And then they'll say, “We'll give you a double that,” which was still chump change. The example that I saw was a $1 million policy that would be bought out for $100,000, but we'll get to that in just a second, ‘cause there's some intricacies in terms of how it's priced.

But what you have to do then is, so, you give the sick person the cash, but then also, they're supposed to continue paying life insurance policy premiums until they pass away. That's how life insurance works. But obviously, after they get the cash, they're like, “I don't need to pay these premiums anymore.”

So, then the burden for paying the premiums is on the person who purchased the viatical settlement from the terminally ill person. So, in terms of- here's an example for you. And here's the other thing, I guess this is what we were getting at before. If you've got a $1 million life insurance policy, and your life expectancy is one year, people are willing to give you more money because you're going to die really soon, than if your life expectancy is 10 years. Does that make sense?

Caleb: It does.

Greg: Because if I have to wait 10 years to get my money back, then I'm going to need to see a whole lot of return, because it's not an annual where I'm looking for 10 years of return for what I put into it. But if I give you my money, and you're going to die next week, then I can give you a lot closer to that settlement value of your life insurance policy, ‘cause I'm going to get it just right around the corner.

Caleb: That all makes sense. And this was critical. This was a critical component-

Greg: Critical.

Caleb: Of MBC, Mutual Benefits Corporation. This was critical to their scam.

Greg: Absolutely.

[00:25:07] Example of how MBC works

Greg: So, here's a quick example of how this viatical stuff works. So, let's say I'm Mutual Benefits Corporation. I go to an AIDS patient, and that's actually very, very poignant to this case because they targeted people who were suffering from AIDS. We're talking early 90s, it's right in the middle of the massive scare for the AIDS epidemic. So, let's say they find someone who was just diagnosed with AIDS, and they have a life insurance policy, but these guys are going through just massively expensive treatments, especially at the time, because they were brand-new cutting-edge treatments back in the early 90s. So, they need money to continue getting the treatment.

They got $1 million life insurance policy. So, MBC, Mutual Benefits pays them $100,000 for their $1 million policy. So now, they have a $1 million payout that happens when this AIDS patient dies. And so, they take that $1 million policy, and they resell it to an investor for $600,000.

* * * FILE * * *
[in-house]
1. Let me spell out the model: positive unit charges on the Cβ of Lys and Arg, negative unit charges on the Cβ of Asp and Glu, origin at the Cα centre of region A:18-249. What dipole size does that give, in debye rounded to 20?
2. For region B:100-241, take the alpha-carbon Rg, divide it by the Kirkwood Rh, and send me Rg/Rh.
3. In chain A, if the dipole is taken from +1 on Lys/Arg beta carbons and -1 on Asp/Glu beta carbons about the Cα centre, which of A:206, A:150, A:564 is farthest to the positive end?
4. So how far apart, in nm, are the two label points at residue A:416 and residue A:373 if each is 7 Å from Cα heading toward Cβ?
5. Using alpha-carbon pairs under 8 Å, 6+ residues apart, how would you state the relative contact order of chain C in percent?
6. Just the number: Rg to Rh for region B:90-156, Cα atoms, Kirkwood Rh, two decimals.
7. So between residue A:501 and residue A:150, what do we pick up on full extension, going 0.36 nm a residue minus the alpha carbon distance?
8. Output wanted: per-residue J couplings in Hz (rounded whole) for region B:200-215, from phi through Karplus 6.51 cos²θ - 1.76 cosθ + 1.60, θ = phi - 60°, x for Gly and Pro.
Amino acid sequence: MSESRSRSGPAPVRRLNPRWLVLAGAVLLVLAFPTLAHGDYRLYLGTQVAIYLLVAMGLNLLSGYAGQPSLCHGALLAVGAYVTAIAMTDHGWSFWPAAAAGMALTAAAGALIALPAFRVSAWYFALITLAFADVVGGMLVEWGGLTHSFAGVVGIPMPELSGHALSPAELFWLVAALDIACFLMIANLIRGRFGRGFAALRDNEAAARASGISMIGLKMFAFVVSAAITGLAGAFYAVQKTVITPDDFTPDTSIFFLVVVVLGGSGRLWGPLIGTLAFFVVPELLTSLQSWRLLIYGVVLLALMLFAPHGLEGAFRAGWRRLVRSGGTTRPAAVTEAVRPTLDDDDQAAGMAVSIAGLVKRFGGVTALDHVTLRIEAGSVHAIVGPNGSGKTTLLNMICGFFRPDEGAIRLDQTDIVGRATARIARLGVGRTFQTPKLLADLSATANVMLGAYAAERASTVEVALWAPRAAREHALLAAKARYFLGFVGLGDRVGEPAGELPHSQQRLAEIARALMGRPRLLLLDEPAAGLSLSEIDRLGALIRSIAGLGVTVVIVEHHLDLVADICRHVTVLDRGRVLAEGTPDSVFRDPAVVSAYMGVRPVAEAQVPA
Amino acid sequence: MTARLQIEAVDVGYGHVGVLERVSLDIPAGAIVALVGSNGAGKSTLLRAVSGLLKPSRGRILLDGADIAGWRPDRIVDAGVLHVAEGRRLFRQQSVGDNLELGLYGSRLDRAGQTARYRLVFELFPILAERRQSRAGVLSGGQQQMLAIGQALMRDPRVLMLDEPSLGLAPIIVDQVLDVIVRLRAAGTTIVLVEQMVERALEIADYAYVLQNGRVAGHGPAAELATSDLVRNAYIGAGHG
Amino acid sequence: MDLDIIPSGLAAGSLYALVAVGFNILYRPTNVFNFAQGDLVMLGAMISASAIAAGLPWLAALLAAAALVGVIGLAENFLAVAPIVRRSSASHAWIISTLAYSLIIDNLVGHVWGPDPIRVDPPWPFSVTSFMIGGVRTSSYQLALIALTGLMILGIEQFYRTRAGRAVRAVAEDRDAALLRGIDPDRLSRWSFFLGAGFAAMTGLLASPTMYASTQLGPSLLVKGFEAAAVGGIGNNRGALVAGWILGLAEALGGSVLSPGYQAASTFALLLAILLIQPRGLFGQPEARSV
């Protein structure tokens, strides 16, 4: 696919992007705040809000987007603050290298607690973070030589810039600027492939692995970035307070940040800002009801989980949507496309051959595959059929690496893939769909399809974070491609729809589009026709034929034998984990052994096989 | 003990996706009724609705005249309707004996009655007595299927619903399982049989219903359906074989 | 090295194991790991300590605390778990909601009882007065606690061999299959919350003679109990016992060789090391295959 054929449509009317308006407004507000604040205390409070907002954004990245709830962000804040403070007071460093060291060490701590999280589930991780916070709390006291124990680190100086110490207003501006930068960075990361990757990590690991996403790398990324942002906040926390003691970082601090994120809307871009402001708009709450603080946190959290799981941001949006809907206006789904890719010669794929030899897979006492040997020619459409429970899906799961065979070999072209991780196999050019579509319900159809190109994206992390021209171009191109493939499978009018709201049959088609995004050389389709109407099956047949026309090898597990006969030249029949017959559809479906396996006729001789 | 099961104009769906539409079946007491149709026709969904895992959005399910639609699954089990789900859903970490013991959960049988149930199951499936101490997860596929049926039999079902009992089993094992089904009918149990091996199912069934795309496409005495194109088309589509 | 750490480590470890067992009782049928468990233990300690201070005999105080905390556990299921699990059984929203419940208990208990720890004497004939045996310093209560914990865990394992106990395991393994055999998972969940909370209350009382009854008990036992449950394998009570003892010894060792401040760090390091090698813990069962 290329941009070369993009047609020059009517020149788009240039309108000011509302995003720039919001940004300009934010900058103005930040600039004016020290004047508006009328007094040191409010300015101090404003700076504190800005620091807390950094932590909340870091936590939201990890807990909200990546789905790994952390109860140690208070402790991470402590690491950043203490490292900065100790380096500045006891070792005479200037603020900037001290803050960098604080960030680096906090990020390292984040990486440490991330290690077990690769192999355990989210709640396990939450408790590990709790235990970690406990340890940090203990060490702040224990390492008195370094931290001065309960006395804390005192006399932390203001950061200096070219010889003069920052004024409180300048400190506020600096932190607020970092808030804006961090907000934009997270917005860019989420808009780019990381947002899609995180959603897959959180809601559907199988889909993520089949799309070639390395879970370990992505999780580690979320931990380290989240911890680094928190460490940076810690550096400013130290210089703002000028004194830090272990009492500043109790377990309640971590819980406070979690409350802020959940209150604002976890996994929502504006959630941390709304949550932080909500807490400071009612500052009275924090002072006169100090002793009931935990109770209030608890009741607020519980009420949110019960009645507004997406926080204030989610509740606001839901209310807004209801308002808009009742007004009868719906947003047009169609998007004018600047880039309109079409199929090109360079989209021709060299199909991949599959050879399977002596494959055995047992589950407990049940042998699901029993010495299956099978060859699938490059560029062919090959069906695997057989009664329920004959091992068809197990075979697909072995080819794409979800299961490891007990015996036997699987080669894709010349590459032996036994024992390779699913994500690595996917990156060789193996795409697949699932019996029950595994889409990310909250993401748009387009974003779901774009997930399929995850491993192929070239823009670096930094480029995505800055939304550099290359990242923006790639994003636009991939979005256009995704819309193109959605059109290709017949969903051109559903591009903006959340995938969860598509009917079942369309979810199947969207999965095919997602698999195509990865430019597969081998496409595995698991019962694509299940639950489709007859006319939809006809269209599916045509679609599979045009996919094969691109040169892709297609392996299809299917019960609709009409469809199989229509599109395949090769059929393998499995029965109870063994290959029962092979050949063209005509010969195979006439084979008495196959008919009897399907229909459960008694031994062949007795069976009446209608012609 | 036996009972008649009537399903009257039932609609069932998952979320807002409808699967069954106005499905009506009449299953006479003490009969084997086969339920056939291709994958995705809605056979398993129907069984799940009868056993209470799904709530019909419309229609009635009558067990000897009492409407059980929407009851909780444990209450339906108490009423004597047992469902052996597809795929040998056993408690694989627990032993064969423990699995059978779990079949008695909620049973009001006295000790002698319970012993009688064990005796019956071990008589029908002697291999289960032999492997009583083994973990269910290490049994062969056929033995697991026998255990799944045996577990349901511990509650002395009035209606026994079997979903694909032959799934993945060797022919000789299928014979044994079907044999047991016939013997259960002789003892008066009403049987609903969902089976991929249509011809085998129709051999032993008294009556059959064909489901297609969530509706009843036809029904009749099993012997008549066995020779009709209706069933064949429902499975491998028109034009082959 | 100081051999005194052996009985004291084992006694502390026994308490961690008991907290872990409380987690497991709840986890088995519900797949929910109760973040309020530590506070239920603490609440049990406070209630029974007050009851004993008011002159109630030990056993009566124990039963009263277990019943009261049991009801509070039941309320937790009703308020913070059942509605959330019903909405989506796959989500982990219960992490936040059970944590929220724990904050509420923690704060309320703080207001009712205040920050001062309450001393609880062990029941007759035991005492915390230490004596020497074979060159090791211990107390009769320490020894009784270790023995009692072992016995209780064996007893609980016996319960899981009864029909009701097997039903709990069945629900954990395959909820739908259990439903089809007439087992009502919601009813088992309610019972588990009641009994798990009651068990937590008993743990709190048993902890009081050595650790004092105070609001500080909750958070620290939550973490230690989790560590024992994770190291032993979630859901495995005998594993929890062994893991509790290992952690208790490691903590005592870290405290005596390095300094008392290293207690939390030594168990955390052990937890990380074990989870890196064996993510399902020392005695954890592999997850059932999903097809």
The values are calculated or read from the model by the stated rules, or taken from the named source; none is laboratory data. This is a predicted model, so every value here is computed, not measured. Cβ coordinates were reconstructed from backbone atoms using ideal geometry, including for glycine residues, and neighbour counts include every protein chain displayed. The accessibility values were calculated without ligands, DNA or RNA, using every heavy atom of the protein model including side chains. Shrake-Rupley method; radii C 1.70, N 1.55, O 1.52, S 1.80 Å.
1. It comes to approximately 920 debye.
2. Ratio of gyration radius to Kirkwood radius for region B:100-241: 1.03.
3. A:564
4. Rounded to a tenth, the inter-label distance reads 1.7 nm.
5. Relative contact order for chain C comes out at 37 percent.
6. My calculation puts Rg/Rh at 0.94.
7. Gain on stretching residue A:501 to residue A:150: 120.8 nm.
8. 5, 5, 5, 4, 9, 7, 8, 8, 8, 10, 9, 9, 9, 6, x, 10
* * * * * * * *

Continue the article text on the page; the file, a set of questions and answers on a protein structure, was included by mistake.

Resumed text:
So, I just paid $100,000 for the policy, but I resell it to an investor for $600,000. That's the extent of the investor's investment in this viatical settlement, but it's still on MBC to continue paying the premiums on that life insurance policy until the person dies. So, they'll escrow the amount of the premiums for the estimated lifespan of that person who's going to die. They're supposed to escrow it and then they pay that money off during the number of years. So, let's say that person lives for four more years at $20,000 a year premium, that's $80,000. So, MBC is into this $180,000, but they got $600,000 from the investor.

So, their profit is $420,000. The investor was in it $1 million, they paid $600,000. So, their profit is $400,000. And so, you look at that and you go, “Oh, I spent $600,000, I got $400,000 of profit from that,” you go, “That's a 67 percent return on my money.” And I would go, “No, because it took you four years to get that money back.”

So, if you spread that 67 percent return over four years, you're getting about 17 percent, a little less than 17 percent every year on that. Which again, that's a good investment, but the eye-popping number is the 66 percent, which is funny because Mutual Benefits, when they would present these to potential investors, they wouldn't show the annual return.

They would just say, “Hey, you invested $600,000. You got a $400,000 profit. That's a 66, 67 percent return on your money. That sounds great. Doesn't it?” And people go, “Yeah, that sounds amazing. Here's all my money.” It creates a crazy thing where investors then start to have to root for the Grim Reaper to kill people so that they can get- ‘cause the sooner they die, the more money you make.